After 109 minutes of play in the NCAA quarterfinals the Trinity men’s soccer team found themselves in the final minute of the second overtime period.
The second ranked Tigers were unable to find the back of the net with their five shots on the match, and it would be the host team, the Lord Jeffs’ of Amherst College, who scored the lone goal of the match to advance with a 1-0 victory to the Final Four of the NCAA tournament. The match was a true clash of styles.
The Tigers favored a more possession-oriented game whereas the Lord Jeffs or Amherst College relied on long, direct balls forward and a more agricultural or straightforward attacking style.
The Tigers did lots of defending for the regulation period and in the overtime periods that followed. Eventually, Amherst’s attacking runs and shots into the Tigers’ defensive end, in addition to their significant size advantage, with five starting players who were 6’3″ or taller, proved to be a largest difference in the final minutes.
In the final minute of play, the ball was thrown into the six-yard box right to the feet of senior forward Nico Pasqual-Leone who prodded the ball past senior keeper Chad Margotta into the goal.
Margotta saved the Tigers on many previous occasions, notching five saves in what would be the final match of his collegiate career.
With this final game, Margotta reached a total of 89 saves. This is the most saves in a single season for a Tiger goalkeeper since 1995, and he allowed nine goals over the course of 25 games and posting a 0.36 goals-against average.
Earlier in the match, sophomore defender Brent Mandelkorn struck the crossbar with a left-footed drive in the first half, while senior Derrick Horvath and sophomore Danny Ruano also tested the Amherst goalkeeper, Thomas Bull, with shots of their own.
First-year standout Christian Sakshaug had two decisive attempts on goal, both of which were stopped by the Amherst keeper to force the game into extra time.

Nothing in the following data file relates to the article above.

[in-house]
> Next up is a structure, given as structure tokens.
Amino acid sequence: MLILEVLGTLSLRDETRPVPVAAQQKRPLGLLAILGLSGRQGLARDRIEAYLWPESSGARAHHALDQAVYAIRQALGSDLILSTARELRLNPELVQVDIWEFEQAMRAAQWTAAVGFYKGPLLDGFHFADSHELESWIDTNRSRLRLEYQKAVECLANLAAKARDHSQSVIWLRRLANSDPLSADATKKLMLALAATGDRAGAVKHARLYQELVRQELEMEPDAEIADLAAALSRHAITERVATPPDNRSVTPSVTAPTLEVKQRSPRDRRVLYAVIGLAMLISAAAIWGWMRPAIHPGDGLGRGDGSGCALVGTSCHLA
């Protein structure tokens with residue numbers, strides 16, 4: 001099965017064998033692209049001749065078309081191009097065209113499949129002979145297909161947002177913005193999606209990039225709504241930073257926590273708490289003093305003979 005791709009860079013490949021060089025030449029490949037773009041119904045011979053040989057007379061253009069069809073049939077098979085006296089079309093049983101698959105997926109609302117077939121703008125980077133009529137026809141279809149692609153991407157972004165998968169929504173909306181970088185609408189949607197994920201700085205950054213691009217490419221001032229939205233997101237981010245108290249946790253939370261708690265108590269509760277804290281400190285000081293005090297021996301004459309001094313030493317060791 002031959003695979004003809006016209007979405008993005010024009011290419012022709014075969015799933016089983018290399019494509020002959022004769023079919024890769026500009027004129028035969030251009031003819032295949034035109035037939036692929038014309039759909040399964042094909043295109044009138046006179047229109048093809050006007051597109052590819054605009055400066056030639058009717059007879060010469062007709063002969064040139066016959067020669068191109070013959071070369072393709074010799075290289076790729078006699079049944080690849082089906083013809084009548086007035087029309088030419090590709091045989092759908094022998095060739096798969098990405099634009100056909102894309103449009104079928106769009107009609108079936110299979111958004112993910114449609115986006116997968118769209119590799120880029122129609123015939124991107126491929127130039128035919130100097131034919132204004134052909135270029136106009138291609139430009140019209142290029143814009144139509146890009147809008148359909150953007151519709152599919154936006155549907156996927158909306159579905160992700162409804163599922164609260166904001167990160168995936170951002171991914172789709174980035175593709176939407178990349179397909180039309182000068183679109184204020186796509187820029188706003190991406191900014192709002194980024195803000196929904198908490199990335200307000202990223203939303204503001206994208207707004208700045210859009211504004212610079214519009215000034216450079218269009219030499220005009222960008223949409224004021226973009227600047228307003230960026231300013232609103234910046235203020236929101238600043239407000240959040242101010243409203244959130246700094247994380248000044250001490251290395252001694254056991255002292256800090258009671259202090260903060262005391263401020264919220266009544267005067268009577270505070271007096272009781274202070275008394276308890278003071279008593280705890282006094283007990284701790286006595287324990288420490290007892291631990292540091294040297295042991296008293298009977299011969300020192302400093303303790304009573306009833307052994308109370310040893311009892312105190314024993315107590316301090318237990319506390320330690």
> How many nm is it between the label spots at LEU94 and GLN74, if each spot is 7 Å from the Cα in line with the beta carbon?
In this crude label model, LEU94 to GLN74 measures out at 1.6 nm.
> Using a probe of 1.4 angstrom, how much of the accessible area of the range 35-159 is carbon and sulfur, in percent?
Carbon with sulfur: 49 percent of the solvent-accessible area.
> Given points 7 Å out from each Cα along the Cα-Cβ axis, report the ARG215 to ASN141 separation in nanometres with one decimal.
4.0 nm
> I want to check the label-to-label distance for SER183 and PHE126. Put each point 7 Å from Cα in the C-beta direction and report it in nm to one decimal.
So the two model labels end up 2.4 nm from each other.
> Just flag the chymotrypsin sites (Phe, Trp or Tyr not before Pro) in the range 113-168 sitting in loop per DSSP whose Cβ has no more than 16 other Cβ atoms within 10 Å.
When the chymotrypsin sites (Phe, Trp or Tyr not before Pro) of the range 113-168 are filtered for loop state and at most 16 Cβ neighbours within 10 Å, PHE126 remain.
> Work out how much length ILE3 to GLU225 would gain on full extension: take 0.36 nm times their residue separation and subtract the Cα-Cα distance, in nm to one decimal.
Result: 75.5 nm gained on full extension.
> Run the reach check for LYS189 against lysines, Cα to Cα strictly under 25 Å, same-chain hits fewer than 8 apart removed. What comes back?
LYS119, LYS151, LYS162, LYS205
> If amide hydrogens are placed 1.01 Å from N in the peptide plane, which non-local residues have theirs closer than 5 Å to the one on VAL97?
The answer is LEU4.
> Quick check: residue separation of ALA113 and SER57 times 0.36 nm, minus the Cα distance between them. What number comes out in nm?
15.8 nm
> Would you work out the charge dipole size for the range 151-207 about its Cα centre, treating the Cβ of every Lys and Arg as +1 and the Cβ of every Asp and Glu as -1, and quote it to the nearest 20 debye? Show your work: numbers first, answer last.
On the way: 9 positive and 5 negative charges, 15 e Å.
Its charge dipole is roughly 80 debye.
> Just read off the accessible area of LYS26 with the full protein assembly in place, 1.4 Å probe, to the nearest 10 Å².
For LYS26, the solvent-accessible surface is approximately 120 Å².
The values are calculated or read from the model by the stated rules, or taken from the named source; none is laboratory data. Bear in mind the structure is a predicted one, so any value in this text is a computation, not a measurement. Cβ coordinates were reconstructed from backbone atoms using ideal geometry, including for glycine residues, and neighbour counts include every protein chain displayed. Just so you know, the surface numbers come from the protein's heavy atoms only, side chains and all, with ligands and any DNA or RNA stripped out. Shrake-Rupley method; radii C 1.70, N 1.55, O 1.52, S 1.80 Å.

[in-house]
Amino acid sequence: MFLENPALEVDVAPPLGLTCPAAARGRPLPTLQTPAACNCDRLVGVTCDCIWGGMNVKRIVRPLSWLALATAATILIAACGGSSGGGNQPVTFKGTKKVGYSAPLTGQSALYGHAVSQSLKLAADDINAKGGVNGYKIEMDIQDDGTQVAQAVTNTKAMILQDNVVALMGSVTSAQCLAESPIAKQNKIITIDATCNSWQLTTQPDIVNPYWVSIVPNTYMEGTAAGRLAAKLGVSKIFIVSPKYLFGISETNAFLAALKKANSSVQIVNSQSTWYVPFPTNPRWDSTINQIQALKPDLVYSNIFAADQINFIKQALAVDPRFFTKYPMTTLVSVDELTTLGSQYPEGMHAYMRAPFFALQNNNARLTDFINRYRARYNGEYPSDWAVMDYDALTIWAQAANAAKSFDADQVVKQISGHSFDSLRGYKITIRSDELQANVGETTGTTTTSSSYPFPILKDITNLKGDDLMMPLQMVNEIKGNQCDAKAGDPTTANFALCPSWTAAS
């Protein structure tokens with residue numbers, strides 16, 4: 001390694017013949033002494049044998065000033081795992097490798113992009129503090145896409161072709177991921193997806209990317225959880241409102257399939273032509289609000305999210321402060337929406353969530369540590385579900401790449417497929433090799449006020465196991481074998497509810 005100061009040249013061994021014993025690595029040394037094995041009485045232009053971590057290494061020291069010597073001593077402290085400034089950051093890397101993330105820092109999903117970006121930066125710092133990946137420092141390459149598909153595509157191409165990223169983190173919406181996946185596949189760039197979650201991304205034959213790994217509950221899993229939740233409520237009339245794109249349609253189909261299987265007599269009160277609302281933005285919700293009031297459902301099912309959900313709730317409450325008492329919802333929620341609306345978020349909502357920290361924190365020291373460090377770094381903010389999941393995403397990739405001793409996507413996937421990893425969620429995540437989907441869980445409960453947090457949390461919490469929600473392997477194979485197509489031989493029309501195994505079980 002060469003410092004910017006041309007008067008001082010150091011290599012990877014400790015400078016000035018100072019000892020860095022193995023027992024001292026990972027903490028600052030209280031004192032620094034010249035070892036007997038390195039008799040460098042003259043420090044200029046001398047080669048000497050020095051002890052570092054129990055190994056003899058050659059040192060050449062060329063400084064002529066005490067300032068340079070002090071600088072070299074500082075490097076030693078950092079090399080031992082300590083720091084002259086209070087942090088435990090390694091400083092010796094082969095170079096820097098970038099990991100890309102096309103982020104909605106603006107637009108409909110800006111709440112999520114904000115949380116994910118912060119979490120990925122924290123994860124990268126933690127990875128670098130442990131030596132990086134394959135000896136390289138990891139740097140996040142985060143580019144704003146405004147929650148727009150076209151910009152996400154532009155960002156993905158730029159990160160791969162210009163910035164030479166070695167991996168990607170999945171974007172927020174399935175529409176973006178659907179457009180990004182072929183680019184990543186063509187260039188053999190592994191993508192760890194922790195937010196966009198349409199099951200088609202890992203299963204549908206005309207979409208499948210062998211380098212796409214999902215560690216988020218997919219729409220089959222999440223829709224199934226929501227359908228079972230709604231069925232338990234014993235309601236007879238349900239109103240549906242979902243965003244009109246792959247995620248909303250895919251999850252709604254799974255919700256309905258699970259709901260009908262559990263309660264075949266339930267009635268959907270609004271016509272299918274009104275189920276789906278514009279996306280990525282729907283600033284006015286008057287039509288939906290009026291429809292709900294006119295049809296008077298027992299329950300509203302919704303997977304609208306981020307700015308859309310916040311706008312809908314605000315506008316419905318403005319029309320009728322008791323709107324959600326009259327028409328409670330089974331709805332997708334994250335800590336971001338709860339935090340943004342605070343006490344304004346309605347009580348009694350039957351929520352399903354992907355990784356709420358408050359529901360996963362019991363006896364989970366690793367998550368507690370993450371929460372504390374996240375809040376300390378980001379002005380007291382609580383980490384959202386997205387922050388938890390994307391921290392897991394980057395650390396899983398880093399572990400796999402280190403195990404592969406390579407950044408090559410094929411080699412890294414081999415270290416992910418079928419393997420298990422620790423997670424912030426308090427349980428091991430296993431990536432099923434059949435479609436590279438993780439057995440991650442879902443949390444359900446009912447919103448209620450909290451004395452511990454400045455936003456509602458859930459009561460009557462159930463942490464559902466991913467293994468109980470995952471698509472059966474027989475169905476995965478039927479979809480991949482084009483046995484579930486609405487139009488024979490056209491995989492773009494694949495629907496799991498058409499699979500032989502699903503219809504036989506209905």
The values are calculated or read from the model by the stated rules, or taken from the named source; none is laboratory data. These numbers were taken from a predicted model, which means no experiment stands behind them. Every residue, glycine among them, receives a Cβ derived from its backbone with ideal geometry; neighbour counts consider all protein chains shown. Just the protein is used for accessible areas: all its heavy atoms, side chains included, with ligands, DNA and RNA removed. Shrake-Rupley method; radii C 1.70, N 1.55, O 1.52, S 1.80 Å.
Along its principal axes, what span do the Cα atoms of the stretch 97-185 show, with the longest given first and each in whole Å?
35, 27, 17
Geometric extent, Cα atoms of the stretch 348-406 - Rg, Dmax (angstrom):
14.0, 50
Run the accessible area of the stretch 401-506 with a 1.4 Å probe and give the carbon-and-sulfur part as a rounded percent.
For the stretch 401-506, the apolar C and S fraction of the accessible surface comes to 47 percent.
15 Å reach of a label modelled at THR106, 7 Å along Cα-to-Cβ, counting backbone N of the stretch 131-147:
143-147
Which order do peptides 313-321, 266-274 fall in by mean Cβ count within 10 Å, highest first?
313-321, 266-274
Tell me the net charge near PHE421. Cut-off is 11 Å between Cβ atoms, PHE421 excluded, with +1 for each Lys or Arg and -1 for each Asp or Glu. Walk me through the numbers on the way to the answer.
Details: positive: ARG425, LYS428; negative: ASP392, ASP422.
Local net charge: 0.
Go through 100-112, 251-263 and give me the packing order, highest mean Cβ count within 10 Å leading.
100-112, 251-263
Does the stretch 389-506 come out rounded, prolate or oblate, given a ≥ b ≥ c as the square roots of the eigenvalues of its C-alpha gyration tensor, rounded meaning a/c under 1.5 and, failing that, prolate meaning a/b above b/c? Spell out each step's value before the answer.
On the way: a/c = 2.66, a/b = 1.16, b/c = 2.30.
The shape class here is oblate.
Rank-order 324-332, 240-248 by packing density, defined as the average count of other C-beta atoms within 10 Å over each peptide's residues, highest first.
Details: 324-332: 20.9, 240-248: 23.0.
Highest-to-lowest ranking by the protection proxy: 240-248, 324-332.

The Tigers reached the quarterfinal match by defeating the top nationally ranked, Brandeis University with a resounding 2-0 shutout. Sakshaug finished his ninth goal of the season to put the Tigers on the scoreboard early in the 10th minute of play. Just before the halftime whistle, fellow freshman striker Austin Michaelis delivered his fifth goal of the season to cushion the Tigers lead.
On the defensive end, the Tigers led in the back by senior captain Tom Carwile, thwarted numerous offensive runs by Brandeis and Margotta prevented all five shots on goal from finding the back of the net to preserve the shutout. This would prove to be the Tiger’s 14th and final shutout of the 2015 fall campaign. Reflecting on his collegiate career and his team’s performance this season, Margotta stated, “This has been my favorite season of my career because the brotherhood that comes with being a part of this team is second to nothing else.”
Carwile and Horvath echoed Margotta’s feelings about the team and the season. “Although it was my last season at Trinity, I think that made it the best. Every practice, game and travel trip was cherished more because I knew it would be my last year participating in this amazing program,” reflected Carwile. He also added that, “During the NCAAs, I felt blessed I was still able to play the game that I love and enjoy more time with this team.”
“We started out as just a group of very, very talented, individual soccer players. We became a real TEAM and group of brothers that I would do anything for in the future,” reflected Carwile. Margotta also added that “over the course of the season, our players really adapted into their roles, making us a better team overall.”
On a personal note, Horvath shared that he enjoyed “playing a bigger role personally for the team this year” and that he, “really enjoyed the group of guys I got to play with this year for my senior season.”
Trinity completed its season with a 22-3-0 record, falling just shy of a trip to the Final Four in Kansas City. It was a tough defeat for the Tiger men, who fell at the Elite 8 stage for the third year in a row, all in one-goal differential games.